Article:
Our Darling Daughter - 1963

Reviewed by Malcolm Stephens - July 2006

A couple show off their daughter in a multitude of scenarios until the daughter revolts.

Standard 8mm. Directed by Lez Perry. Story by Philip Grossett. 9 minutes.   

Our Darling Daughter

Reviewed by WBJ Higgins - 1976

The main 8mm production of 1963 was written round the young and very photogenic daughter of the Chairman, Reg Rogers. This was essentially an outdoor film and the weather that June was unusually hot and sunny. The indoor shooting took place at Reg's flat at Lawrence Weston; and with 2½ kilowatt of lighting and closed windows (why closed windows?) the crew and cast suffered considerably for the cinematic art. Norman Stevens' van transported the unit to Severn Beach for a picnic lunch. Reg Fiddes, who died the following year, came along to help with certain musical problems although he was by no means well. He found the stairs to the flat most trying and difficult with his considerable breathing problems; but he was a most cheerful member of the team.

The story, by Philip Grosset, was a serious one: it was to symbolize the rebellion of a grossly over-protected daughter against the parents. The cash allowed for the production was £15 though a further fiver was later forthcoming.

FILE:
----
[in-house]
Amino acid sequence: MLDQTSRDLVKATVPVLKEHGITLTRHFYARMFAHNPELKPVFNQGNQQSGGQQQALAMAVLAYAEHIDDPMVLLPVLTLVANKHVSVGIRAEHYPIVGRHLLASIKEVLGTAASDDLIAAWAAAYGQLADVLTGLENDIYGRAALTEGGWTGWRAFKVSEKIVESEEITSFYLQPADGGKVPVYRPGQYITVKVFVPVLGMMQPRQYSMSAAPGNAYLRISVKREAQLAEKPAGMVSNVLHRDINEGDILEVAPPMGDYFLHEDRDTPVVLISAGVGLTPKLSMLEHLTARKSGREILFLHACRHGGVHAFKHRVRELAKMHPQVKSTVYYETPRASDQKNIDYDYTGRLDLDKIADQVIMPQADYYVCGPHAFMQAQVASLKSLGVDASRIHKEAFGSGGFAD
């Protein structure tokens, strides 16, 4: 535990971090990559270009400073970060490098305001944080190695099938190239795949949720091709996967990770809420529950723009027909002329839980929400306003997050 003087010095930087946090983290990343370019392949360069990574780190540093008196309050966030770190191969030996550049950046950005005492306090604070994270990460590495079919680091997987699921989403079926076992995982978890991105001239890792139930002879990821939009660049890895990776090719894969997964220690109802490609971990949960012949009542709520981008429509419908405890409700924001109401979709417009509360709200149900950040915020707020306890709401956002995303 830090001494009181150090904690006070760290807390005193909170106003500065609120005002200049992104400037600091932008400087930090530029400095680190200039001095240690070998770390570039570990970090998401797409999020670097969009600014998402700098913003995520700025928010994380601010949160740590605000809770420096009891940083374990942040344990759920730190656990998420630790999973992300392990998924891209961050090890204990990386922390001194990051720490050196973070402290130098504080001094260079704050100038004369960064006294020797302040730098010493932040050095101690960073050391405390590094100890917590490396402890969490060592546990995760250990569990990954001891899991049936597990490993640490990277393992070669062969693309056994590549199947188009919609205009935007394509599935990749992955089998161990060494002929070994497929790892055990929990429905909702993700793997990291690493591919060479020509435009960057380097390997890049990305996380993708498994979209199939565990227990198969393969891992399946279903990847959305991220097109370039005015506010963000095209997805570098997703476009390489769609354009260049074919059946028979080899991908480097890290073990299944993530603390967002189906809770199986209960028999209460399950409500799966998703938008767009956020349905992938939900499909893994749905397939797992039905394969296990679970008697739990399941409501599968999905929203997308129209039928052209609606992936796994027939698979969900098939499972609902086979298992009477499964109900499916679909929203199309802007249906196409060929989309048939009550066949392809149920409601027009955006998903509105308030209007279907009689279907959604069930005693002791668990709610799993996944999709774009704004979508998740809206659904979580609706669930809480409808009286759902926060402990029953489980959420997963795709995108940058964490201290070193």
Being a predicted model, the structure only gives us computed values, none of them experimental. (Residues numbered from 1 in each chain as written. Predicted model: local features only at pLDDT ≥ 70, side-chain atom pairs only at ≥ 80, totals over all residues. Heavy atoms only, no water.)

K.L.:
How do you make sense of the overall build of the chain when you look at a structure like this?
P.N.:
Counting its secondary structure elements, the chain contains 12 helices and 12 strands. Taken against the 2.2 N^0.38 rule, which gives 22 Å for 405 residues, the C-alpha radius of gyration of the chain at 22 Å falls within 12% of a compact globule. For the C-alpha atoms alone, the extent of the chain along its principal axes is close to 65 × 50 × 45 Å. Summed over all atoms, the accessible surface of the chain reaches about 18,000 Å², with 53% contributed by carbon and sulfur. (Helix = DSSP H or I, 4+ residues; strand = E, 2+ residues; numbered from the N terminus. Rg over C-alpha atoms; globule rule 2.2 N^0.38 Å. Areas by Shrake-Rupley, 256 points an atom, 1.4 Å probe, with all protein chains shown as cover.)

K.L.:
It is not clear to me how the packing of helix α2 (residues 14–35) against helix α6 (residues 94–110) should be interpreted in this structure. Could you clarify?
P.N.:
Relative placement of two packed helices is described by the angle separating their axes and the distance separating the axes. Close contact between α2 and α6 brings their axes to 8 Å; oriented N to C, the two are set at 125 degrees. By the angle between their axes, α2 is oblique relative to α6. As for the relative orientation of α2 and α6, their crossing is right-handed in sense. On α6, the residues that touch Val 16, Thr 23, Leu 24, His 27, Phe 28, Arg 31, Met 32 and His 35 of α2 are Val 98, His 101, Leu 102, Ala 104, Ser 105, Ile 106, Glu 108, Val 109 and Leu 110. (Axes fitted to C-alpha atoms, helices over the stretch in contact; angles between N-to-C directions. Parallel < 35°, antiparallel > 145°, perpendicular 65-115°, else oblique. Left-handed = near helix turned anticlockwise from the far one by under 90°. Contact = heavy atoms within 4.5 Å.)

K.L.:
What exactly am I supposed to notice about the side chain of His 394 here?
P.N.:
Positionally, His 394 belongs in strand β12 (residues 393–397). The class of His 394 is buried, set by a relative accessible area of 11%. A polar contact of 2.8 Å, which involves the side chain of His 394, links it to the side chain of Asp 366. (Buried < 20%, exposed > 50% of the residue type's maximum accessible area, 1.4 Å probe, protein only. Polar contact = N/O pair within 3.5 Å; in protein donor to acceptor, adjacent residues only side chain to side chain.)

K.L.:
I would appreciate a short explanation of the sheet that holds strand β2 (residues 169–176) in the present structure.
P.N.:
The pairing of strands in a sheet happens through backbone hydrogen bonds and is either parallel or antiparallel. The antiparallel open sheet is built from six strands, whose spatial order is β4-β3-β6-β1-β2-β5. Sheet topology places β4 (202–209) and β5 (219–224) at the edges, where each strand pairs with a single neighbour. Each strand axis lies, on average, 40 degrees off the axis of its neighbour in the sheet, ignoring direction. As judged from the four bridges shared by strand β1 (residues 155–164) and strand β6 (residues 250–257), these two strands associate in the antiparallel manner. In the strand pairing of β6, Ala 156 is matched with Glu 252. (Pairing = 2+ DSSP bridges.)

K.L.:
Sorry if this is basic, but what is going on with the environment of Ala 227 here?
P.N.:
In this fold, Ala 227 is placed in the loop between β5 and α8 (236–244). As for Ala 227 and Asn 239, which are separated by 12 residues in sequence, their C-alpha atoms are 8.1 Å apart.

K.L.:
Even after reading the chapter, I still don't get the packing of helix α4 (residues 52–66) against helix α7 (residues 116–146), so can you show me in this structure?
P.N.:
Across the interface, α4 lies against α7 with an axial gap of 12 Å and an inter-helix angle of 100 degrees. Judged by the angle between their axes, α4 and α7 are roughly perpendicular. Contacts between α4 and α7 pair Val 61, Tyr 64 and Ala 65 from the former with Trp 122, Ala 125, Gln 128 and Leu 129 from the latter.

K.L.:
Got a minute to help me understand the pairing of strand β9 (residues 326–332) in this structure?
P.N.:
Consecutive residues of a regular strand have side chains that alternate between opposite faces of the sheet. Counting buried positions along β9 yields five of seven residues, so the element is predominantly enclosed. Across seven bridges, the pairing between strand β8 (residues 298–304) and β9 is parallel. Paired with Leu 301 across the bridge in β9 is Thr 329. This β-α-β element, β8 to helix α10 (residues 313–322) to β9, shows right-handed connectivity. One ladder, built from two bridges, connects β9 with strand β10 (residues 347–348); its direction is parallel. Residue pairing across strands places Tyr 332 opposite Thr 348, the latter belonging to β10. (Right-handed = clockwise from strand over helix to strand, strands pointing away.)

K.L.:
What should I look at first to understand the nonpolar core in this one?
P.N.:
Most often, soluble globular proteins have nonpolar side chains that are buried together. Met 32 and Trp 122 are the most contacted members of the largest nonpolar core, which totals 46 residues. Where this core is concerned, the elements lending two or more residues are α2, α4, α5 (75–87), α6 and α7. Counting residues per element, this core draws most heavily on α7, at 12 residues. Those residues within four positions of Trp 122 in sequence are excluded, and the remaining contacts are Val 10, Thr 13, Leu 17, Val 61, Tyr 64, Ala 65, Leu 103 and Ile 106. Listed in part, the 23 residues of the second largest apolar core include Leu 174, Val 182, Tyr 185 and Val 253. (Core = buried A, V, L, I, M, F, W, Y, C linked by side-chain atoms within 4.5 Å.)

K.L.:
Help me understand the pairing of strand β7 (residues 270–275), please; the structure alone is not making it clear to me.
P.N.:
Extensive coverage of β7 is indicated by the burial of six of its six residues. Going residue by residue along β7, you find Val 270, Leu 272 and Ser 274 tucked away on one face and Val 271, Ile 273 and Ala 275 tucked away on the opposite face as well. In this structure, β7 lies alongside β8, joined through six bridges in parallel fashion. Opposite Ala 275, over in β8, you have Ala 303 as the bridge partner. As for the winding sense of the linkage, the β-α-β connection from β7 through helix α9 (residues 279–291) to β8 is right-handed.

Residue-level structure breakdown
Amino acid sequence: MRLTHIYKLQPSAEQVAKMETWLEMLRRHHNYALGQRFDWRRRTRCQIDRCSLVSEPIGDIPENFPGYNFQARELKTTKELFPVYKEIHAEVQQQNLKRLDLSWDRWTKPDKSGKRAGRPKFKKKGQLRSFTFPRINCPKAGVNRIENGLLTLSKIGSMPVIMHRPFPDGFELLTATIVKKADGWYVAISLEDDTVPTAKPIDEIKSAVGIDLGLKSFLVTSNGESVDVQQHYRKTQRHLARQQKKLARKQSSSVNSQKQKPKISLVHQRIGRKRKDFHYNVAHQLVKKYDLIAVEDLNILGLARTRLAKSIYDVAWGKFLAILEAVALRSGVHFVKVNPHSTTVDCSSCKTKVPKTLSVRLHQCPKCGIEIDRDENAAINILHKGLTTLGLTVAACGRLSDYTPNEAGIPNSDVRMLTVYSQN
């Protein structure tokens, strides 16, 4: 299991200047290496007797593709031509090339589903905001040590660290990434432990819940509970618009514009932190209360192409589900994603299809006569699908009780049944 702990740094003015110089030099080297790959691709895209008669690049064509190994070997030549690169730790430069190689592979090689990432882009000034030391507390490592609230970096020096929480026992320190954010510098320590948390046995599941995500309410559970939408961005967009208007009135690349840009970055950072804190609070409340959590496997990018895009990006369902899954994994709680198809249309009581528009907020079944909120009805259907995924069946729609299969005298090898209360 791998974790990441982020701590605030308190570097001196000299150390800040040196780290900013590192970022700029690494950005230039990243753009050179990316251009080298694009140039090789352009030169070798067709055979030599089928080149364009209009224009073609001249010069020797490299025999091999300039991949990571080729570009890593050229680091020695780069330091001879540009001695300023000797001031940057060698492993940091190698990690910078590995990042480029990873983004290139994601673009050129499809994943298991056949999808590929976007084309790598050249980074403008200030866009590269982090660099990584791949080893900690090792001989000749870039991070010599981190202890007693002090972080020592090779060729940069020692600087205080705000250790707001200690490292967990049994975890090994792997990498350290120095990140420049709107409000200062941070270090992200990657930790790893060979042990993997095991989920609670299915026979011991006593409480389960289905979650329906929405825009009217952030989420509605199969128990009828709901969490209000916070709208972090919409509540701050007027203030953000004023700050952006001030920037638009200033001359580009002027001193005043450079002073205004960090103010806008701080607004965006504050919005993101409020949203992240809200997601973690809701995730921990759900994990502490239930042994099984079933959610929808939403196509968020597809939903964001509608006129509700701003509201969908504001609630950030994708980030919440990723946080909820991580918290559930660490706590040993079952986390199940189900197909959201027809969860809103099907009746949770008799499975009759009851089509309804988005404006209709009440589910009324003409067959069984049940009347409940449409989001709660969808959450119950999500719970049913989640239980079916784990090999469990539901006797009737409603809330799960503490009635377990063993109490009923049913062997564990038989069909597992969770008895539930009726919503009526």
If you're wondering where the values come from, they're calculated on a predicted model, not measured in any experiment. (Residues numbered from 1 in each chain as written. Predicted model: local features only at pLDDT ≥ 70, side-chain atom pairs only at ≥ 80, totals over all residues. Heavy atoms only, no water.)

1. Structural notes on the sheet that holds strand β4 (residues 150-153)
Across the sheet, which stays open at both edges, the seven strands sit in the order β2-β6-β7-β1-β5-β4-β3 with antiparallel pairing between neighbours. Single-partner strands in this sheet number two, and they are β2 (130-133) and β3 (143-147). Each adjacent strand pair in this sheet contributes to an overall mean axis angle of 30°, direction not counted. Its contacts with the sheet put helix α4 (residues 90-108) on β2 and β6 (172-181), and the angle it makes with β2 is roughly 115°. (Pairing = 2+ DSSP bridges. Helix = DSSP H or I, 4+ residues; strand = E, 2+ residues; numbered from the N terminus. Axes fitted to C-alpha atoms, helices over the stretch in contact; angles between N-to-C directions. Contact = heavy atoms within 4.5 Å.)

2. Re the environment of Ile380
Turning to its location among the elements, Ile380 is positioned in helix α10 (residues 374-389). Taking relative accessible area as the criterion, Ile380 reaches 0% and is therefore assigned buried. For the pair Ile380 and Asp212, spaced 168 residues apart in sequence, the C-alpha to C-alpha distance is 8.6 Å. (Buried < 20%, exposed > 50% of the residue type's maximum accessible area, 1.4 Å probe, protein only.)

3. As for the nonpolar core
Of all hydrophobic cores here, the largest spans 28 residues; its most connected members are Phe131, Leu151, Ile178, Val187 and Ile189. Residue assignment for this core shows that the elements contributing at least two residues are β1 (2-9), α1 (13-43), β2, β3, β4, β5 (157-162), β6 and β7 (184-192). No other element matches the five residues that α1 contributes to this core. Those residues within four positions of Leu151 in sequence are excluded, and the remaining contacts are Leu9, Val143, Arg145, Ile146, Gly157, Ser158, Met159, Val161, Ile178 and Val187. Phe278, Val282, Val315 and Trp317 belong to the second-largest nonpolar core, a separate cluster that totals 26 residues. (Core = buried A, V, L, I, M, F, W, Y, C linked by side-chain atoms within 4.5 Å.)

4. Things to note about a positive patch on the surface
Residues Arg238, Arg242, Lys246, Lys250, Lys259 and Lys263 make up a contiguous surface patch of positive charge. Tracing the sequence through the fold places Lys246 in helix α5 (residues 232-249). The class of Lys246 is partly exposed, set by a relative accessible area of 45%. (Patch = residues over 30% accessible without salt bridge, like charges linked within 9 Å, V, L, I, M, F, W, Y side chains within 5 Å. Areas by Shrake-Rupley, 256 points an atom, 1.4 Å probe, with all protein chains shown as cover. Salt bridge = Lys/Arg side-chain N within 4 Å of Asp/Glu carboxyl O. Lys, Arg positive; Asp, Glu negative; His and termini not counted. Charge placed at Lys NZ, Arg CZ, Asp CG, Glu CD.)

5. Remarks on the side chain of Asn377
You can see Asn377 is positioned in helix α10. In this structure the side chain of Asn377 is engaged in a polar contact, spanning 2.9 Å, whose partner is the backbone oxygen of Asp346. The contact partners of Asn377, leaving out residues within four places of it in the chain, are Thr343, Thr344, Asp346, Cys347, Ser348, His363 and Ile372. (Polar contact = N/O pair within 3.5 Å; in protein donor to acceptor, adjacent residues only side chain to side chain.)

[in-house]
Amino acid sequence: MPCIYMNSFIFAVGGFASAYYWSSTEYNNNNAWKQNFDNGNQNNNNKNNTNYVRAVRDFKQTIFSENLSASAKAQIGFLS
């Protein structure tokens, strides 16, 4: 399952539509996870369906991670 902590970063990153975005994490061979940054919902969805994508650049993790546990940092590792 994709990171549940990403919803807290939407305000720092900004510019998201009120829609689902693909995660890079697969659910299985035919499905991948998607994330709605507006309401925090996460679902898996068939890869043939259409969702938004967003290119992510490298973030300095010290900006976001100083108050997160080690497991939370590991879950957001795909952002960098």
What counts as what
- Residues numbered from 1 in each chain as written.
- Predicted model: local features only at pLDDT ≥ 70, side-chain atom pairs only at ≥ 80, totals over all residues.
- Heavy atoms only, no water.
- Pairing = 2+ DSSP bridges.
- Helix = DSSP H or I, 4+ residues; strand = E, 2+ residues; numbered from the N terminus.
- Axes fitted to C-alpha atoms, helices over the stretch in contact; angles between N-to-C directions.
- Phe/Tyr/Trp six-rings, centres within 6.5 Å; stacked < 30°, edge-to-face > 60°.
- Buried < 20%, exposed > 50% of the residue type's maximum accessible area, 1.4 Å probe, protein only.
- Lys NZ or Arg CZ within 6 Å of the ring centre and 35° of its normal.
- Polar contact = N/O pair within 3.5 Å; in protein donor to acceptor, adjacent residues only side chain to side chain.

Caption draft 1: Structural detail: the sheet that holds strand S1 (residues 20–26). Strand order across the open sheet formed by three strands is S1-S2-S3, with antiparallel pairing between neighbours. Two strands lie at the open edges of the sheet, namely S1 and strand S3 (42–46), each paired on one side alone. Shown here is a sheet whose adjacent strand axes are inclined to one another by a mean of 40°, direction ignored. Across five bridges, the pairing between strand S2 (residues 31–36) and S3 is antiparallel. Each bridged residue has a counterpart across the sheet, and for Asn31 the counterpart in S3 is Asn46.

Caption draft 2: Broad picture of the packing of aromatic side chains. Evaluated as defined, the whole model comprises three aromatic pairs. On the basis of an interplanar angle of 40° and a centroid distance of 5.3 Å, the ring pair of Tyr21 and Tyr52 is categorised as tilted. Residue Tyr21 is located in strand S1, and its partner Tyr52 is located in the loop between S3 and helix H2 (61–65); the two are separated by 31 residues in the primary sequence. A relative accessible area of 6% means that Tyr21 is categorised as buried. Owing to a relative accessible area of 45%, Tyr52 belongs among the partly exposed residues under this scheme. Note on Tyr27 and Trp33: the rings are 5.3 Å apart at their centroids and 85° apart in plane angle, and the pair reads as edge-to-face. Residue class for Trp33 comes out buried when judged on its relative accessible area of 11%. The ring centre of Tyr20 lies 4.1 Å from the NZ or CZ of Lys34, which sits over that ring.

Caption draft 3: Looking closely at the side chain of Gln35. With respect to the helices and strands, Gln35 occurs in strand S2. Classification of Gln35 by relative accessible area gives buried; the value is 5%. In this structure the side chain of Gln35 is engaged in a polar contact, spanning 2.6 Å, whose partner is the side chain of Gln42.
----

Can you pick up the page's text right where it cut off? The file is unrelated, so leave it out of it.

The unit used Becket Hall club room for one shot, taken on a club night, of young Tina as Florence Nightingale ministering to wounded soldiers at Scutari. A ruined street to represent a French war-damaged scene was needed and an advert appeared: WANTED. Machine gun or mock-up of one as used by French resistance during War. Jack Aston telephoned Bristol Civil Defence to ask if they knew of any war-damaged streets. He went to look at their Netham Depot, sited then on the left hand side of the road as you go north from Netham Lock. Every facility was there - it was like a professional set for a war film. Permission was readily given to film on the site and amid the rubble, twisted metal and "bombed" buildings. With the help of Mr. Harry Croker of Civil Defence, a hair-raising sequence was shot. Mr. Croker and his men wired up some bangs to add realism and the cameraman reported that it was impossible to see anything immediately after the explosion.

Director-producer: LES PERRY

Production assistant: Jack Aston

Camera: Joe Higgins

Lighting and exposure: Ron Elson and Norman Stevens

Cast: Tina, Jan and Reg Rogers, Julie and Philip Grosset